In other news, India is attempting to reorganize its garment exports to become more competitive with Bangladesh and China.


In response to the environmental problems produced by Bangladesh’s ship-breaking industry (an industry which it needs to provide steel for national industries since there are few iron deposits in Bangladesh), a Dutch company is proposing building the world’s first “green dock wharf” in Bangladesh.  It would be equipped with the necessary technology to deal with the hazardous chemicals on board these ships and safely recycle them.  I’m interested in seeing how this develops.

The struggle heats up again in Bangladesh

This time it looks like the garment workers are not going to be easily cowed into submission.  Even though I’ve been writing about the challenges that the labor movement in Bangladesh is facing from the state and the bosses, there are signs that a section of the movement is drawing some fairly combative conclusions and reaching out to other sections of the labor movement in the hopes of pushing things forward.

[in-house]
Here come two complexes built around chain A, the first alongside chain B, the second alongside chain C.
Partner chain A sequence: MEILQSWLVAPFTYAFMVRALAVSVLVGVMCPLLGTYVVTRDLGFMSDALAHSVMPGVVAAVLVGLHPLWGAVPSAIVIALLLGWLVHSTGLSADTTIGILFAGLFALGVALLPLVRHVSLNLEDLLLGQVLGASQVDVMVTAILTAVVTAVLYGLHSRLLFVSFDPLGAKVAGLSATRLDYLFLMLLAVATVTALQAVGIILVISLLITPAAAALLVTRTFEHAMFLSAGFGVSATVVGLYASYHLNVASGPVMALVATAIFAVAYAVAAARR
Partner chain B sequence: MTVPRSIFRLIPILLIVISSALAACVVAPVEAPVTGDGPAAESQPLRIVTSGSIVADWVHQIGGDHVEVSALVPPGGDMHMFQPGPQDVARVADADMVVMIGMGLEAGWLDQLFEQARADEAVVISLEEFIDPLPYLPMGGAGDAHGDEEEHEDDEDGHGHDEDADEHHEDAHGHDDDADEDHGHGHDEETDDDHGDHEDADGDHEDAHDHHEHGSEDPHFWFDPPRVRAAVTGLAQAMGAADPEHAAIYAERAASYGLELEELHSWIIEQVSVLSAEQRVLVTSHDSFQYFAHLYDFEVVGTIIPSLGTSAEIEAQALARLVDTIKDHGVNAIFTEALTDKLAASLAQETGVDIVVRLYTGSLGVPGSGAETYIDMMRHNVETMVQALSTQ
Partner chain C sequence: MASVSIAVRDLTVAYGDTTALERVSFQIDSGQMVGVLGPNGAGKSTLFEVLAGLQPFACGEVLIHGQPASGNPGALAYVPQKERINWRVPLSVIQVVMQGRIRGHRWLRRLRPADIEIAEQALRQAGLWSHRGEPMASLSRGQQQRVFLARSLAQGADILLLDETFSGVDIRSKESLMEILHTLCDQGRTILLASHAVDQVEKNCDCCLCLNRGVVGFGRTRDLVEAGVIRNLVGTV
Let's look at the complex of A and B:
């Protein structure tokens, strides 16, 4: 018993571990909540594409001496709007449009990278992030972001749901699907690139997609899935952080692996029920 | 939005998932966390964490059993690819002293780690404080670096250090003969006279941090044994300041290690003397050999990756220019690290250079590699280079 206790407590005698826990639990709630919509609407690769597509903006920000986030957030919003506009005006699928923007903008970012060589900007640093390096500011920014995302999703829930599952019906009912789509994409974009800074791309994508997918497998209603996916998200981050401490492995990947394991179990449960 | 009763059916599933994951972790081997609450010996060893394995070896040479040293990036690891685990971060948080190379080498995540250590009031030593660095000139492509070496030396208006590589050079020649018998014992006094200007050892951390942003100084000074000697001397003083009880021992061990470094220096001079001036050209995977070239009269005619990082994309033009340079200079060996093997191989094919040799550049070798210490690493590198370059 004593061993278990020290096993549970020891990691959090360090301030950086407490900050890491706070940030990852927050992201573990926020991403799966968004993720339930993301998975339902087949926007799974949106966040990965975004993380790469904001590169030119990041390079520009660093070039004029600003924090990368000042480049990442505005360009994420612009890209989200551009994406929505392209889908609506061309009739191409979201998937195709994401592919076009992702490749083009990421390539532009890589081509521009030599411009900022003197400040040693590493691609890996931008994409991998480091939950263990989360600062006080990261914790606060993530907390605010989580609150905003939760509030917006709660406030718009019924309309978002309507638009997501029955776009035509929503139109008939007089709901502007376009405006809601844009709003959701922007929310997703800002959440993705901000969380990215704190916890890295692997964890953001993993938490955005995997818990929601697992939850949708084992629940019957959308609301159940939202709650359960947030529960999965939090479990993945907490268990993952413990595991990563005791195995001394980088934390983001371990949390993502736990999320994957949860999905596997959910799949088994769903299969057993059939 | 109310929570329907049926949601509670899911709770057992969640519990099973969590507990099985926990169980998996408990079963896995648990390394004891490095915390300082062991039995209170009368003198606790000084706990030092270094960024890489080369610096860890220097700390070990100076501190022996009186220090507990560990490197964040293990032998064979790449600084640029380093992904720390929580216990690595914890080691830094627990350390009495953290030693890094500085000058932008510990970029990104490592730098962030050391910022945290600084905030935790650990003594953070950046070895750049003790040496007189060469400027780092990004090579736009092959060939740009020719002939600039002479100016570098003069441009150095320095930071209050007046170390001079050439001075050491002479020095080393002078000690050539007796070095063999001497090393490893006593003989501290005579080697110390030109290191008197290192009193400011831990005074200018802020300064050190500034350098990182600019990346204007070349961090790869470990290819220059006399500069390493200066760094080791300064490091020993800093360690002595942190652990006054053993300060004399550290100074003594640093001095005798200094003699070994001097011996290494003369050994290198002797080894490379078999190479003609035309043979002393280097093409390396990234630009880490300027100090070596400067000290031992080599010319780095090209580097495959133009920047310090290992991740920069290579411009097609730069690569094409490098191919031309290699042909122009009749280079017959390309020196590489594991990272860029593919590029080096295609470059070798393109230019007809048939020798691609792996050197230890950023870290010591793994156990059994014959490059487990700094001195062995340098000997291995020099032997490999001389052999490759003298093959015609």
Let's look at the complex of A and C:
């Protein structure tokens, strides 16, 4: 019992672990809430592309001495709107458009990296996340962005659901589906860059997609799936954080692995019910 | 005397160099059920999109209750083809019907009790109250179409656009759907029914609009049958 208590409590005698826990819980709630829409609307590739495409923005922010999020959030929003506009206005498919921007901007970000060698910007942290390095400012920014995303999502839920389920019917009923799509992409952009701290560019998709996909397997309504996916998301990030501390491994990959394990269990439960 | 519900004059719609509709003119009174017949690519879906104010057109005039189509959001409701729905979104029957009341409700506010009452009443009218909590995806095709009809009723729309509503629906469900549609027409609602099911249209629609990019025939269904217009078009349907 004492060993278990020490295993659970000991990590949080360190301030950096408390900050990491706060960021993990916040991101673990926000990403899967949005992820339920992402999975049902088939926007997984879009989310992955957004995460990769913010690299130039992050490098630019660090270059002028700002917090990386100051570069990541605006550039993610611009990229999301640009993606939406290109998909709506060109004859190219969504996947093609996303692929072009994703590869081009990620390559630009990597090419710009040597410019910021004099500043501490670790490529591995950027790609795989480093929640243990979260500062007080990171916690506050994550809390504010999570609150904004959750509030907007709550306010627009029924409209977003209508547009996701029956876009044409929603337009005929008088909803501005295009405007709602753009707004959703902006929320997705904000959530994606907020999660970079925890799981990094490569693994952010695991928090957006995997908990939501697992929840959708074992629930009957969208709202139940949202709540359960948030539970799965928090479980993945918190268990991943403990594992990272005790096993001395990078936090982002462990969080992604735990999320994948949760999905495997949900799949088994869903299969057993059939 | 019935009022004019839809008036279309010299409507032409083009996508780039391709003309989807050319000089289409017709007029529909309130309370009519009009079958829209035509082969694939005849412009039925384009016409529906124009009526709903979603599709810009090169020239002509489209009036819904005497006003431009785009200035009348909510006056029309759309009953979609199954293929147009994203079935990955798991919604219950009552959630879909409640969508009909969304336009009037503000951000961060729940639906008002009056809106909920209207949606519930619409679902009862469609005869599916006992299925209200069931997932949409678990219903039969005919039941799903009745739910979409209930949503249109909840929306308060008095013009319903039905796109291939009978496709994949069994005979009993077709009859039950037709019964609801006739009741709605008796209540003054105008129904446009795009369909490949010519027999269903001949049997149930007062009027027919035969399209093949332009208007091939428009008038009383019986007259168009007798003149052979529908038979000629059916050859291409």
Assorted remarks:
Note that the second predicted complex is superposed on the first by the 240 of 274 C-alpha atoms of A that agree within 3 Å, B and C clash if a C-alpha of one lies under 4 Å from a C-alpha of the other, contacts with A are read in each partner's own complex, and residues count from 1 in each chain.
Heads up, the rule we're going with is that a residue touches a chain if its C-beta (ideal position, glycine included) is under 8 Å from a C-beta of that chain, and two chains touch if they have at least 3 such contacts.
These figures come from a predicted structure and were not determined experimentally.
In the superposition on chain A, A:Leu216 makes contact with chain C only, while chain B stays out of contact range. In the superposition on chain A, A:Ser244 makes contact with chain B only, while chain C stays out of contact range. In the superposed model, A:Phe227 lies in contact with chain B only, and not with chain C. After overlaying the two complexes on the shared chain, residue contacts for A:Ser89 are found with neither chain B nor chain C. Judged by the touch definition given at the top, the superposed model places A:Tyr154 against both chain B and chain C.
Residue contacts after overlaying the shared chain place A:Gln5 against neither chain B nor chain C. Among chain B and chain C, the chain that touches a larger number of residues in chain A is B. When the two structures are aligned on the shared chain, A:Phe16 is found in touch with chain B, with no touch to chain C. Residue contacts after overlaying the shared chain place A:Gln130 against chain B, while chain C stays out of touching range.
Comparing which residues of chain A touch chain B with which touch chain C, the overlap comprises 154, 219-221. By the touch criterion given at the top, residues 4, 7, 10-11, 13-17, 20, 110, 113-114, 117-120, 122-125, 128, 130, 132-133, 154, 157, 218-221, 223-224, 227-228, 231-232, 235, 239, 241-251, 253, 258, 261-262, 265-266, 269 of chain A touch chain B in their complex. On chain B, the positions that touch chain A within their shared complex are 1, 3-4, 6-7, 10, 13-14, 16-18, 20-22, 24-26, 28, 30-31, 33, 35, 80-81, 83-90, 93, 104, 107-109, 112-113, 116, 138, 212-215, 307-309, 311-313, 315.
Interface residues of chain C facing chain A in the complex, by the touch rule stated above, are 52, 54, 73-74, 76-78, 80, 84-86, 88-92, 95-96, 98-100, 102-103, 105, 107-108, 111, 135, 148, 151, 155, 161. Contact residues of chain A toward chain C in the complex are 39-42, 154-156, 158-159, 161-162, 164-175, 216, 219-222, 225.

On Saturday, for instance, 4000 garment workers blockaded the Dhaka-Sylhet highway and had a standoff with the police that lasted four hours.  Their demands included an implementation of the government-mandated wage increase in August (rather than November which is when the minimum wage increase is supposed to take place) and a eight-hour work day (work days are currently between 11 and 15 hours long) and an end to intimidation by factory owners.  In a principled defense of their unions, the protesters also demanded the immediate release of Mantu Ghosh, one of the leaders of the Garments Trade Union Center and the Communist Party of Bangladesh.  Early reports seem to indicate that the protesters left peacefully after negotiating with the police and winning some of their demands.  But there are also reports that several people were injured in the fierce fight between the protesters and the police.  There are also reports that most of the factories in Katherpul were shut down today.